“I’m so bored. I hate my life.” - Britney Spears

Das Langweilige ist interessant geworden, weil das Interessante angefangen hat langweilig zu werden. – Thomas Mann

"Never for money/always for love" - The Talking Heads

Monday, March 08, 2010

the sensual reality of time/the social reality of time

History is made of time – evidently. But time, we should remember, is a socially processed parameter in our lives. It is to this parameter that Marx will turn in Capital, putting to use insights from the theoretical phase of his work in the 1840s. This is from the German ideology – I would love to be able to spin on at length about the tree that ends this passage, since wood – and the organic growth time embodied in wood – is a sort of background noise in much of Marx’s writing. Trees have a special place in Marx – after all, it was the forest laws that he criticized in Köln which, on his own account, started his intellectual journey from philosophy and law to the political economy.

“He [Feuerbach] doesn’t see, how the sensual world around him is not immediately given by eternity, an always self-same thing, but instead is the product of industry and social circumstances, in the sense of actually being a historical product, the result of the activity of a whole series of generations of which each stood on the shoulders of its predecessors, constructing its industry and commerce, modifying its social order according to its altered needs. Even the objects of the simplest ‘sensual reality’ are present to him only through social development, given through industry and commercial interactions. The cherry, as almost all fruit tress, was, as is well known, only planted a few centuries ago through trade in our zone and was thus first through this action of a determined society in a determined time given to the “sensual certainty” of Feuerbach’s.”

As is well known, Marx cast a jaundiced eye on country life – the idiocy of country life, as he liked to call it. Of course, Marx’s phrase has a scholastic side – the idios, the private man, is the man who doesn’t participate in the life of the polis. He is the clown in Shakespeare – for clown, etymologically, takes us back to the inhabitant of the backwater, cultivators of the soil, colonnus.
One of the social aspects of country life that creates the clown is the allotment of time. Marx, in Capital, uses the time of the day as the great natural parameter with which the worker, under capitalism, deals. But this natural parameter is, as is always the case in Marx, not simply a given ‘sensual reality” – rather, it is an indicator of a great change in the mode of production. The temporal determinants in the cultivation of the soil are seasons. Of course, under the season comes the working day – but, in the 1840s, there is nothing to do but wait upon the time of growth of the plant or animal. A few years ago, I reviewed Malcolm Gladwell’s Outliers and I made much of the sparsity of his data in relation to the generality of this conclusions. One of his data points irritated me more than most – a comparison of the use of time of the European peasant compared to the use of time of the Chinese peasant. Gladwell took a passage from, I believe, Robert Gildea about the 18th century French peasant, who went into semi-hibernation during the winter, as opposed to the rice cultivating Chinese peasant, who was active all the year round. This was wrong on every count. Historians, work in the line of Charles Tilley (among whom Jan de Vries, with his notion of the “Industrious revolution”, is important), have destroyed the clownish image of the peasant as the simple herder or cultivator – as James Richard Farr points out, even in 1600, there were probably more looms than plows in Picardy, as cottage production was a vital source of peasant incomes. De Vries quotes a study by George Grantham of the increase in agricultural productivity before the 1840s – when Marx, of course, wrote the Communist Manifesto – which attributes that increase to more productive time use:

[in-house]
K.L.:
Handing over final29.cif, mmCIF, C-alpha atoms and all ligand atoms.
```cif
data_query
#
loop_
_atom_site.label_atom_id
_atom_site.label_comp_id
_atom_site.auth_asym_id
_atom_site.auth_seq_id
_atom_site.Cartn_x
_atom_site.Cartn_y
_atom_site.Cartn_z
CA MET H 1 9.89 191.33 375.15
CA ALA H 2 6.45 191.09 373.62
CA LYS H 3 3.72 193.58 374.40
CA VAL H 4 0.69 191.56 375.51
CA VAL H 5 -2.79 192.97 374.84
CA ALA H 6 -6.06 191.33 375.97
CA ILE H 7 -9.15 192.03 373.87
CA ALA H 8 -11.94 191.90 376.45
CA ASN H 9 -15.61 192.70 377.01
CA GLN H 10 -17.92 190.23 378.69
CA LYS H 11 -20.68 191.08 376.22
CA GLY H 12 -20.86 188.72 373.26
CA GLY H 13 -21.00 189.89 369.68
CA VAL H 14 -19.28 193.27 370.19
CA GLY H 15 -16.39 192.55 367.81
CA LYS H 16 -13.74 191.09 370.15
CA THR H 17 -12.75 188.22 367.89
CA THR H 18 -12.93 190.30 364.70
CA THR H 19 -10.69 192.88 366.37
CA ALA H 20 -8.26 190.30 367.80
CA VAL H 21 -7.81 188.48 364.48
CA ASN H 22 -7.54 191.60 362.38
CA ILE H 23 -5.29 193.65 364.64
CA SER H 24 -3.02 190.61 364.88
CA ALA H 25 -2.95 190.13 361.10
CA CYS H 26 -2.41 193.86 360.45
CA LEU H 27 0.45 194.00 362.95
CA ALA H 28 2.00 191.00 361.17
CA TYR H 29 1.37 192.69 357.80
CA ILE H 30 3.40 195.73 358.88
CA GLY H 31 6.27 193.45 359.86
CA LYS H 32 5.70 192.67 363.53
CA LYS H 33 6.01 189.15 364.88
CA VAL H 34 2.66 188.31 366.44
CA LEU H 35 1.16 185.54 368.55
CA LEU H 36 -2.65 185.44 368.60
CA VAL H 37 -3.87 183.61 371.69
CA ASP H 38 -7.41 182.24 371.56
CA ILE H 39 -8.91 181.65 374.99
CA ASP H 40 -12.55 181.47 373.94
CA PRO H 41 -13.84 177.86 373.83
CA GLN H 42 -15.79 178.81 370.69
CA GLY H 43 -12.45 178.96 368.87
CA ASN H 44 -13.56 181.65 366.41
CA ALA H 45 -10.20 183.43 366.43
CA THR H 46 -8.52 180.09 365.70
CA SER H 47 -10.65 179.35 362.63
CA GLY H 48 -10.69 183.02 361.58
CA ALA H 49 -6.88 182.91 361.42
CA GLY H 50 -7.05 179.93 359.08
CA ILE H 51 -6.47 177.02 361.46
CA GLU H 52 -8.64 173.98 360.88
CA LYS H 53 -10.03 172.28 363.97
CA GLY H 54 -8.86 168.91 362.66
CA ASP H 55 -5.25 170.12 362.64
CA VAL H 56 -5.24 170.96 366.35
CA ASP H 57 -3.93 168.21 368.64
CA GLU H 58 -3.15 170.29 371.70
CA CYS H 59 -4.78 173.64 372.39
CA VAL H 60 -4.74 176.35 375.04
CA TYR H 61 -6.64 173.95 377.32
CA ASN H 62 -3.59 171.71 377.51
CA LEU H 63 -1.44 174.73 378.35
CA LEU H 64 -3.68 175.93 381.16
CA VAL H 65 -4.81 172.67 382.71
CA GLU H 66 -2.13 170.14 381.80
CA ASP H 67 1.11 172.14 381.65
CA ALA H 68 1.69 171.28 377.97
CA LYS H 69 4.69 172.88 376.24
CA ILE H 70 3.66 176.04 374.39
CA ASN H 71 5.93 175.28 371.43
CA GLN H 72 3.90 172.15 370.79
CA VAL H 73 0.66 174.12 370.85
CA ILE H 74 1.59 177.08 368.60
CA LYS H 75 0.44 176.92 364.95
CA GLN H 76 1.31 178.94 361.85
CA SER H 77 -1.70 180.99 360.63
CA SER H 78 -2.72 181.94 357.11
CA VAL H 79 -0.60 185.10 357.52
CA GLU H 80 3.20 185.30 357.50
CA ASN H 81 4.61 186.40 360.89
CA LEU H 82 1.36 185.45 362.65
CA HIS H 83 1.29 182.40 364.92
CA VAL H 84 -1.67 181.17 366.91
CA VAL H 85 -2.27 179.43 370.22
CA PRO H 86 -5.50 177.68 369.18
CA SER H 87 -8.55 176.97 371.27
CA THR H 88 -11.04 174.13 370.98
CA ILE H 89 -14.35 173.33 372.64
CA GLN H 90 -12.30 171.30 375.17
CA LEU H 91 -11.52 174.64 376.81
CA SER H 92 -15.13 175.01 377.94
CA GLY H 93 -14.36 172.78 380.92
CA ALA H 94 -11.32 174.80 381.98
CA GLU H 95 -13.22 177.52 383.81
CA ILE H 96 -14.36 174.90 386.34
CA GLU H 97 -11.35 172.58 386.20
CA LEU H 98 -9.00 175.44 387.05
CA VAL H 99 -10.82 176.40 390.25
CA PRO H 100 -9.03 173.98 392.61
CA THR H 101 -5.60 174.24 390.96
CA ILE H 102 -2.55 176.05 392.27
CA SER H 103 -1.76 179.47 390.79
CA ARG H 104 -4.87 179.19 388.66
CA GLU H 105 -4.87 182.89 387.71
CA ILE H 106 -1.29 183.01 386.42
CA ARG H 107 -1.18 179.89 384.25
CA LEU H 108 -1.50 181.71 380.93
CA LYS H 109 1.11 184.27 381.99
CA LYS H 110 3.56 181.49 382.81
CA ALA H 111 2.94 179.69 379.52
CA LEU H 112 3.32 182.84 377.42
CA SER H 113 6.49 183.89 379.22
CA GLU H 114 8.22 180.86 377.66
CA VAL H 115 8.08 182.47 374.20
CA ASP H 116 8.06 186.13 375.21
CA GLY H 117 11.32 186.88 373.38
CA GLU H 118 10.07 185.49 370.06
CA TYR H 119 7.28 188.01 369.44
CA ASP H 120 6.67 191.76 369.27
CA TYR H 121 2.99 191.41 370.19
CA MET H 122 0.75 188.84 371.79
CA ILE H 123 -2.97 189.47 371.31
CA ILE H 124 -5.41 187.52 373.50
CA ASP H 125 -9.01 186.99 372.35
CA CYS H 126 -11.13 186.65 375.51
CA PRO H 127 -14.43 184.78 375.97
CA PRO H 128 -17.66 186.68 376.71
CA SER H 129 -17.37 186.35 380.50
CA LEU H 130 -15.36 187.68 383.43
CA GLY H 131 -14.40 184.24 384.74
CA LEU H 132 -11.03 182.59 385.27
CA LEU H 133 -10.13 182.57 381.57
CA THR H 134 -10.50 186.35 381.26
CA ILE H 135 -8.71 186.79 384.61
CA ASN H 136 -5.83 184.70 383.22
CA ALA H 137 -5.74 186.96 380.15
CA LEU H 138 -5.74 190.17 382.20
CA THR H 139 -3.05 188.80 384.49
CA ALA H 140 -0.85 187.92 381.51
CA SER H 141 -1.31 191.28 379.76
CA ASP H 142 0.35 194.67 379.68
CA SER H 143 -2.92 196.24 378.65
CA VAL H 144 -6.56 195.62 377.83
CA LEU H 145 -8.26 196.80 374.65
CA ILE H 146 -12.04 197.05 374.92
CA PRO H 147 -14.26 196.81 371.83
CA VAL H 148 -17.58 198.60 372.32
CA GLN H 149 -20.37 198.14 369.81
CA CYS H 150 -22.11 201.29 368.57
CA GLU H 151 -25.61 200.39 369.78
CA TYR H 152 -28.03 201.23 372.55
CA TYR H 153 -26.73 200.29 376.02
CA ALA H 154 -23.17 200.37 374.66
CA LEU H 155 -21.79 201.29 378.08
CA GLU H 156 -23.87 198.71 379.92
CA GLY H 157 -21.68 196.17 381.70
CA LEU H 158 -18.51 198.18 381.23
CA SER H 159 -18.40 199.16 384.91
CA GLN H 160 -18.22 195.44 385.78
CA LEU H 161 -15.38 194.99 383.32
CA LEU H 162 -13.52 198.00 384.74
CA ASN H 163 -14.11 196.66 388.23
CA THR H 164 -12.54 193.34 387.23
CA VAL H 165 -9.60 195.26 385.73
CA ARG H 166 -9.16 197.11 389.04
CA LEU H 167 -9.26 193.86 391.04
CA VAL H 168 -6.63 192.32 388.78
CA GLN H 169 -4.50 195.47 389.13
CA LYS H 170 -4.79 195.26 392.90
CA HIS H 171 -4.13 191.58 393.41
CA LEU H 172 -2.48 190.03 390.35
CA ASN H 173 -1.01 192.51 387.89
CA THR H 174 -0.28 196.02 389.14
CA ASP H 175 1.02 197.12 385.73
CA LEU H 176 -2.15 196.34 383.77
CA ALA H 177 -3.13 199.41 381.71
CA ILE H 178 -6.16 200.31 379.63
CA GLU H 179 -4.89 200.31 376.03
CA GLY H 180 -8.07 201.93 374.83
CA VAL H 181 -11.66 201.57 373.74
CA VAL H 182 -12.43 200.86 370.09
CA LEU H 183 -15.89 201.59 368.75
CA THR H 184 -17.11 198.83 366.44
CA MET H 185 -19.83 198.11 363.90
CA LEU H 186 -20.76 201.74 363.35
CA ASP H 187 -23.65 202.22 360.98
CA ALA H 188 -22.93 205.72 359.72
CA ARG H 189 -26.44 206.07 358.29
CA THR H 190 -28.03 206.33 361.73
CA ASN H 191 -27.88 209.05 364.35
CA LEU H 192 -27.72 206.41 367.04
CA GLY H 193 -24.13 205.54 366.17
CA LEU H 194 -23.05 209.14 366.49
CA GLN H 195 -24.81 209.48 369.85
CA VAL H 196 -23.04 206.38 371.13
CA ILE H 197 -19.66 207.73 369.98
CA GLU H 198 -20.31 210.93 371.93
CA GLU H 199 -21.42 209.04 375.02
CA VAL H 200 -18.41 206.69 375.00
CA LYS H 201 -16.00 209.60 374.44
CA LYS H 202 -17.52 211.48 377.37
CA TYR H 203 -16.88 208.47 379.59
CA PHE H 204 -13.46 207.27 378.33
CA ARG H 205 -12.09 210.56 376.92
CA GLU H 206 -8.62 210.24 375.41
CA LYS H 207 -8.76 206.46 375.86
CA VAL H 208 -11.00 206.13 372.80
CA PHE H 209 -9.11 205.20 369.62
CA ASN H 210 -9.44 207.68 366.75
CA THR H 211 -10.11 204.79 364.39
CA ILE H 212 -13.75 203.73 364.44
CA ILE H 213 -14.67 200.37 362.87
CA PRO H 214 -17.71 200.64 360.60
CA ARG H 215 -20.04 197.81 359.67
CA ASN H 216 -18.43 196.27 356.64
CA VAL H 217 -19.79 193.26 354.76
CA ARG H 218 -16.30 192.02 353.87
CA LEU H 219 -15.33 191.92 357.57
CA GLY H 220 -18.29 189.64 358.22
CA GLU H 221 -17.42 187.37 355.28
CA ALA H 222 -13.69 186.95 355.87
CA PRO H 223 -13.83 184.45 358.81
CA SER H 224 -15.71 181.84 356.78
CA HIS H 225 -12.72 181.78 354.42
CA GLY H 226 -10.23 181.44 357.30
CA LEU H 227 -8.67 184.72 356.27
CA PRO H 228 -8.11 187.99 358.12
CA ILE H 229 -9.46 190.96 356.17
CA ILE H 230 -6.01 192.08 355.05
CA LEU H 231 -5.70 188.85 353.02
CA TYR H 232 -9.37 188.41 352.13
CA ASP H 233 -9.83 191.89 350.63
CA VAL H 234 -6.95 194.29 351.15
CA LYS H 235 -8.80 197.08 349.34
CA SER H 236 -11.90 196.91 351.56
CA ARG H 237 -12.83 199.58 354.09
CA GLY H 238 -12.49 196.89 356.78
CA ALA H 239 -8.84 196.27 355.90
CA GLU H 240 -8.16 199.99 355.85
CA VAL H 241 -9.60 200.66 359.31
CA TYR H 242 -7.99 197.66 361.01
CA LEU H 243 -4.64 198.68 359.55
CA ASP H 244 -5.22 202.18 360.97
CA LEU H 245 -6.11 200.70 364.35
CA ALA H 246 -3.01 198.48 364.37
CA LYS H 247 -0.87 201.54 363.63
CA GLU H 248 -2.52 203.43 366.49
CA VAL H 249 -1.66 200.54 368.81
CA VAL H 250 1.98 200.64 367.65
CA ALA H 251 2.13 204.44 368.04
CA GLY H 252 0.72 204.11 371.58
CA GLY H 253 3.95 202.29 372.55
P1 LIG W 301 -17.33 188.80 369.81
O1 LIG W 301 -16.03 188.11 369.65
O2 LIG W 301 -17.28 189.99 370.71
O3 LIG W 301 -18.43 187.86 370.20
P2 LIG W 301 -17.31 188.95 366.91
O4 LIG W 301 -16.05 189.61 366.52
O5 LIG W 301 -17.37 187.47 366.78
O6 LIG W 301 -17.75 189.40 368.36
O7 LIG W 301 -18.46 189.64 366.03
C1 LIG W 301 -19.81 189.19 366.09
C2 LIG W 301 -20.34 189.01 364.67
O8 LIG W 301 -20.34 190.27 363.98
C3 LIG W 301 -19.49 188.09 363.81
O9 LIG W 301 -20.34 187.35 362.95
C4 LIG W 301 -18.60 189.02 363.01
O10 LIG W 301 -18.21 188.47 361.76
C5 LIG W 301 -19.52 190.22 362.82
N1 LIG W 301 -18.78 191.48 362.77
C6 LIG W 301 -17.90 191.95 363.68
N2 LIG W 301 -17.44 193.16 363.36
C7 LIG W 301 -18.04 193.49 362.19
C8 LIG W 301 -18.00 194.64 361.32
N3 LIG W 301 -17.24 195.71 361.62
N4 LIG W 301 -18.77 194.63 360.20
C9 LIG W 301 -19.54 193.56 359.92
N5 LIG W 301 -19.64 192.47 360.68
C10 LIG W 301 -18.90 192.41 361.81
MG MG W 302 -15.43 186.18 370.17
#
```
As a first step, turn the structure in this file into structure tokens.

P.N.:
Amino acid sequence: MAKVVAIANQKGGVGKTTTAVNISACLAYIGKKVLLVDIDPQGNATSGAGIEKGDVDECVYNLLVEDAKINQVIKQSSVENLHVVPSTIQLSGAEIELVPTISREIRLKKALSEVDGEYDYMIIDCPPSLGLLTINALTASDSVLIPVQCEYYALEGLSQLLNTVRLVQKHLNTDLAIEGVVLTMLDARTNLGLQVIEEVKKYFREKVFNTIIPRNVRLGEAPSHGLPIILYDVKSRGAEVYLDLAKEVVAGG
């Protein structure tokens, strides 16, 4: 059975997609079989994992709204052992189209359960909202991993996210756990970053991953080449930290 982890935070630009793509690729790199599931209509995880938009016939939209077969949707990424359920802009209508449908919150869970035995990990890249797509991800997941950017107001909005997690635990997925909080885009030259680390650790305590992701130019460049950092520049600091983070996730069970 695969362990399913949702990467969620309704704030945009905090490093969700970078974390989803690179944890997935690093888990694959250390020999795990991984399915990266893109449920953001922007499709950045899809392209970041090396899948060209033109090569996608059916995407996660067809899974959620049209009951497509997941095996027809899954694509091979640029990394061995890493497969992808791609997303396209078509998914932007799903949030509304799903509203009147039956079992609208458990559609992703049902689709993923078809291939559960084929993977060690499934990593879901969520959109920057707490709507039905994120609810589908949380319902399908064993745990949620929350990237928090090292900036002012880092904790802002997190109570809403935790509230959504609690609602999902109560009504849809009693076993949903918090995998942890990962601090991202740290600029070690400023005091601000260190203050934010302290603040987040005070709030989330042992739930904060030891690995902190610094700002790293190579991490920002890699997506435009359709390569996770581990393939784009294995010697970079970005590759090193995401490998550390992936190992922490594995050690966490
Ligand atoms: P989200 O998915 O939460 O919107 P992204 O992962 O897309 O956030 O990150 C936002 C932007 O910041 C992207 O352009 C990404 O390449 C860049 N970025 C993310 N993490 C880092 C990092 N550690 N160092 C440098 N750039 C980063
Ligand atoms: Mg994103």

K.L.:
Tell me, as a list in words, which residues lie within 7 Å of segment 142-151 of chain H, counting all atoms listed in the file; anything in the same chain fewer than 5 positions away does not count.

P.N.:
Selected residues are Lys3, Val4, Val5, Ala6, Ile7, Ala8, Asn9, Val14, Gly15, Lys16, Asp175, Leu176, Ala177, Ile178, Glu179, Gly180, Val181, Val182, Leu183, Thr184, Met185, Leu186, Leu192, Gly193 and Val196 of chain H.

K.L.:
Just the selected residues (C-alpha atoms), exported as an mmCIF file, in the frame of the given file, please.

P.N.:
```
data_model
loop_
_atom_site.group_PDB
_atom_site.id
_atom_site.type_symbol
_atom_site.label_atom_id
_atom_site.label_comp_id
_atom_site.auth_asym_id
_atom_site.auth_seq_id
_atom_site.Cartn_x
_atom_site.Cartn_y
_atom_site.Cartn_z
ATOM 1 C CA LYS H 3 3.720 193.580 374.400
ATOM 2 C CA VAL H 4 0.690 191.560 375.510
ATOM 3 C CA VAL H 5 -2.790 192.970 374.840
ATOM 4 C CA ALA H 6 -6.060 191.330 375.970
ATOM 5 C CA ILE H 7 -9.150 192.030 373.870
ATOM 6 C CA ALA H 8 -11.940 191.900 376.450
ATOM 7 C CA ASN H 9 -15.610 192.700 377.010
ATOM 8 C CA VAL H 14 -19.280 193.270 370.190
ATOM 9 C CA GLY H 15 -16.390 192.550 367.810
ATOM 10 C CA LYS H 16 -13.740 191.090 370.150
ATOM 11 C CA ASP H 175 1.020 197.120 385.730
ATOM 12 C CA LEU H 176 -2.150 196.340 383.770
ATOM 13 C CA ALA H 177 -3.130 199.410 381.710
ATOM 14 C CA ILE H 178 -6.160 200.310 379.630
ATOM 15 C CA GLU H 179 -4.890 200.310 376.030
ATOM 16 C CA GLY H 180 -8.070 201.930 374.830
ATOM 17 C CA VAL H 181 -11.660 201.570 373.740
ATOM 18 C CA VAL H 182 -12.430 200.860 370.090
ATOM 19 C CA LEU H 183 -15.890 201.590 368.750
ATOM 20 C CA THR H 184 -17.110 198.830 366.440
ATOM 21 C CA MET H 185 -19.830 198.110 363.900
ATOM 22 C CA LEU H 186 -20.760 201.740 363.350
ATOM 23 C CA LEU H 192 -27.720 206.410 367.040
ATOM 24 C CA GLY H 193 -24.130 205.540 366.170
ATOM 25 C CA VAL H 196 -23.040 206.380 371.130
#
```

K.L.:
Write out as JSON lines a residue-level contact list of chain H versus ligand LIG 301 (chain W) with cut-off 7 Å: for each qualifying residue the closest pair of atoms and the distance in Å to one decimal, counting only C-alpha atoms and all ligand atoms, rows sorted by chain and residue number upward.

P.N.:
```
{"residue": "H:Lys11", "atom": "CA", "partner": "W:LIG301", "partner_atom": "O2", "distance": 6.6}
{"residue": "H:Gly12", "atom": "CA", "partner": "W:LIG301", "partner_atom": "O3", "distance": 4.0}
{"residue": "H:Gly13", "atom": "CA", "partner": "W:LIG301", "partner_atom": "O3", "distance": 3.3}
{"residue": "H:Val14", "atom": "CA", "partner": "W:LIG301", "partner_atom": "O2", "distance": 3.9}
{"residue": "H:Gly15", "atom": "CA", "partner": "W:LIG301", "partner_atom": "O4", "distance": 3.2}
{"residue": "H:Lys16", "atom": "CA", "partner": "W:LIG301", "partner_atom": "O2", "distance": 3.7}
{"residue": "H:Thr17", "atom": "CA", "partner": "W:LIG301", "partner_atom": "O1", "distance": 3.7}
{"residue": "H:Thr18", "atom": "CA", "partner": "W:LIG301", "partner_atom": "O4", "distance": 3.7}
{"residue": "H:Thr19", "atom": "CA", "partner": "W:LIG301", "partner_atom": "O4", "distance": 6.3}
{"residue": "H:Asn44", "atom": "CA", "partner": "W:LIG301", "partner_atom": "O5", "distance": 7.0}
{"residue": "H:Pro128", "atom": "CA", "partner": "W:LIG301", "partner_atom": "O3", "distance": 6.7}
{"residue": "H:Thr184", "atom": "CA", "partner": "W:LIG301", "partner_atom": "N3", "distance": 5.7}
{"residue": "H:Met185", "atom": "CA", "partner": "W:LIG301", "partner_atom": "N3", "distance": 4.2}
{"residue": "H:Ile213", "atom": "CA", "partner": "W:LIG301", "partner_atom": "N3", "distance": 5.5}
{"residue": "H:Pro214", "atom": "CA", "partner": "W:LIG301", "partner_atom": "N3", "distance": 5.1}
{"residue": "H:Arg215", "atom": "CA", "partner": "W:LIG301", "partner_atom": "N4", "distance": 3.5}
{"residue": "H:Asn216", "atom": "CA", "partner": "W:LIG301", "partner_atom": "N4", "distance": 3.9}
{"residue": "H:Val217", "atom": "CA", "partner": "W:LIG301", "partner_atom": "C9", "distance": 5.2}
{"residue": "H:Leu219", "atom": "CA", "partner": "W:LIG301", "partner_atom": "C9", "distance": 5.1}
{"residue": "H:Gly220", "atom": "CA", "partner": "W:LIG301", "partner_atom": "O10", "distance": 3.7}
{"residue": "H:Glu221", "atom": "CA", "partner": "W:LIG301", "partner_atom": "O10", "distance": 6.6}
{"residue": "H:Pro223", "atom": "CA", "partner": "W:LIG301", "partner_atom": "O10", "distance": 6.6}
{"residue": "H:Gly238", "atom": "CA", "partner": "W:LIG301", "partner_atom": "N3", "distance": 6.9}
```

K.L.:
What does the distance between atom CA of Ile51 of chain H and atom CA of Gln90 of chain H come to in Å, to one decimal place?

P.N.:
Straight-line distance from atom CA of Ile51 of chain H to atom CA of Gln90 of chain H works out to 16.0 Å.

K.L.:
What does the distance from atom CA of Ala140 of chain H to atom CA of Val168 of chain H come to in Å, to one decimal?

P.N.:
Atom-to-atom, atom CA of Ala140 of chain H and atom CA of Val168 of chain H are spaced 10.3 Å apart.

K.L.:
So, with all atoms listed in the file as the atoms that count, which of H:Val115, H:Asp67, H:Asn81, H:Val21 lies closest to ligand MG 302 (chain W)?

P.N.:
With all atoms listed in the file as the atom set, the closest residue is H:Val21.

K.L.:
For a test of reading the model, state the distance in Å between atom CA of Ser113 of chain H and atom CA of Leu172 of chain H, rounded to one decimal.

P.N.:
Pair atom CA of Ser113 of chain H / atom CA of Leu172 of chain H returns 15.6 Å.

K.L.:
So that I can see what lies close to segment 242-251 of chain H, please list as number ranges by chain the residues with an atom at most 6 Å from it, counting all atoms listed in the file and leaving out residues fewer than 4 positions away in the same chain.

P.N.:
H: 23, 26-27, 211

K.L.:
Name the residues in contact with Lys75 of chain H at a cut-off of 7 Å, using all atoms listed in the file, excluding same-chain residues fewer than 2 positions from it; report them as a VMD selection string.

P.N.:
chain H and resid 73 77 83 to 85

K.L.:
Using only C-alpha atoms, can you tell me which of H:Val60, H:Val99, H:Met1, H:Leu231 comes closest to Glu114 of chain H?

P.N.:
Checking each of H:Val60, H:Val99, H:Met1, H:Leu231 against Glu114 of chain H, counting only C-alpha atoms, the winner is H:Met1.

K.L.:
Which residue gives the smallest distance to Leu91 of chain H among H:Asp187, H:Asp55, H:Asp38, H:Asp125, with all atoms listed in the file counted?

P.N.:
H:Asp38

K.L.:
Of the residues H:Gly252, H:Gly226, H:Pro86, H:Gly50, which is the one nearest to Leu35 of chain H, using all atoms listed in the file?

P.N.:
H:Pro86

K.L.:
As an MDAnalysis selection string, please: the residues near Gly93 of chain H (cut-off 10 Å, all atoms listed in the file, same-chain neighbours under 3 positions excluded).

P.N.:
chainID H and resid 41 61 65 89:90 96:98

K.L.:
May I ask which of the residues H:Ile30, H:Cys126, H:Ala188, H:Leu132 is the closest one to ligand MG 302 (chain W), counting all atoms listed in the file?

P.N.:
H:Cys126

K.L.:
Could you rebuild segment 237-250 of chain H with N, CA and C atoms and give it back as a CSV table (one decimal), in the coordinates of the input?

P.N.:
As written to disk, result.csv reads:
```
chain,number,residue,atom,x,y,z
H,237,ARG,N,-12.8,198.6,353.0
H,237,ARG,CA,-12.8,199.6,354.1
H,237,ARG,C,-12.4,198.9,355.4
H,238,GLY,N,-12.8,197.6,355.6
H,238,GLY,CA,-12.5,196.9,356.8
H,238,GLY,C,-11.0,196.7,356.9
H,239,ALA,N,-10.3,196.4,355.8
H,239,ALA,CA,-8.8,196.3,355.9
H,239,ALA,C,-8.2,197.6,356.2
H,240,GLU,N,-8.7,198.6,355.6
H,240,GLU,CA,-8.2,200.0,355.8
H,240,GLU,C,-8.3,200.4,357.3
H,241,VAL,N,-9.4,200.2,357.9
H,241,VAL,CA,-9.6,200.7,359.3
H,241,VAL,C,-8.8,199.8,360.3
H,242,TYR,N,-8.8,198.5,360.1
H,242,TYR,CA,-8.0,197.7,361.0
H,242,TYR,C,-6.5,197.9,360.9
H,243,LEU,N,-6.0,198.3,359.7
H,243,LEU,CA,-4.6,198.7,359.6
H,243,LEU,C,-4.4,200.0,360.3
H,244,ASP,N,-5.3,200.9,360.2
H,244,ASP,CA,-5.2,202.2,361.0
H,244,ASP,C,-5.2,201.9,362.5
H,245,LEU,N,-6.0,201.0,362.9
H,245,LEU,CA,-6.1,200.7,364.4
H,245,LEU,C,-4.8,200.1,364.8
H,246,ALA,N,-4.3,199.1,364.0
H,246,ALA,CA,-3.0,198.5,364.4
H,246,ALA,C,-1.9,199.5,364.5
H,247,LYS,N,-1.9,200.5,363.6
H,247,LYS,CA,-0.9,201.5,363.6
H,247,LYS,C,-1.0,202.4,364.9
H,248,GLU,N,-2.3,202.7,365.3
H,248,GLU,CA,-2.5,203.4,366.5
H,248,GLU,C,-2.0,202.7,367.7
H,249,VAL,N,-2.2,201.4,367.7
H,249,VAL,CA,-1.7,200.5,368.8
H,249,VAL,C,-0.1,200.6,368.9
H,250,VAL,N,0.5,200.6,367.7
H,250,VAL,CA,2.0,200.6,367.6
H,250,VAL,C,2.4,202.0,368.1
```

“Technical innovation was not a central feature of the growth of agricultural output throught he 1840s, when the appearance of commercial fertilizers and the elaboration of mechanical harvesting equipment began significantly to affect methods of production. Rather, up to that time, the growth of output depended more on intensive use of known technology than on novel methods.”

But even given this more complex picture of economic life, the peasant world was governed by longer increments of social time. Perhaps the most revolutionary aspect of the capitalist system was to replace this parameter with another – the time of the working day. Even as we have developed the information networks that, in many ways, seem to make the factory working day an anachronism, capital still clings to it fiercely.

1 comment:

roger said...

I should say, one of the most interesting aspects of emotional labor is connected to time - to off time as the time in which "I don't know what to do". Tocqueville, in Democracy in America, noticed this in particular about Americans - they were perpetually restless. They couldn't stand still. William James wrote an essay about the same thing, in the 1890s.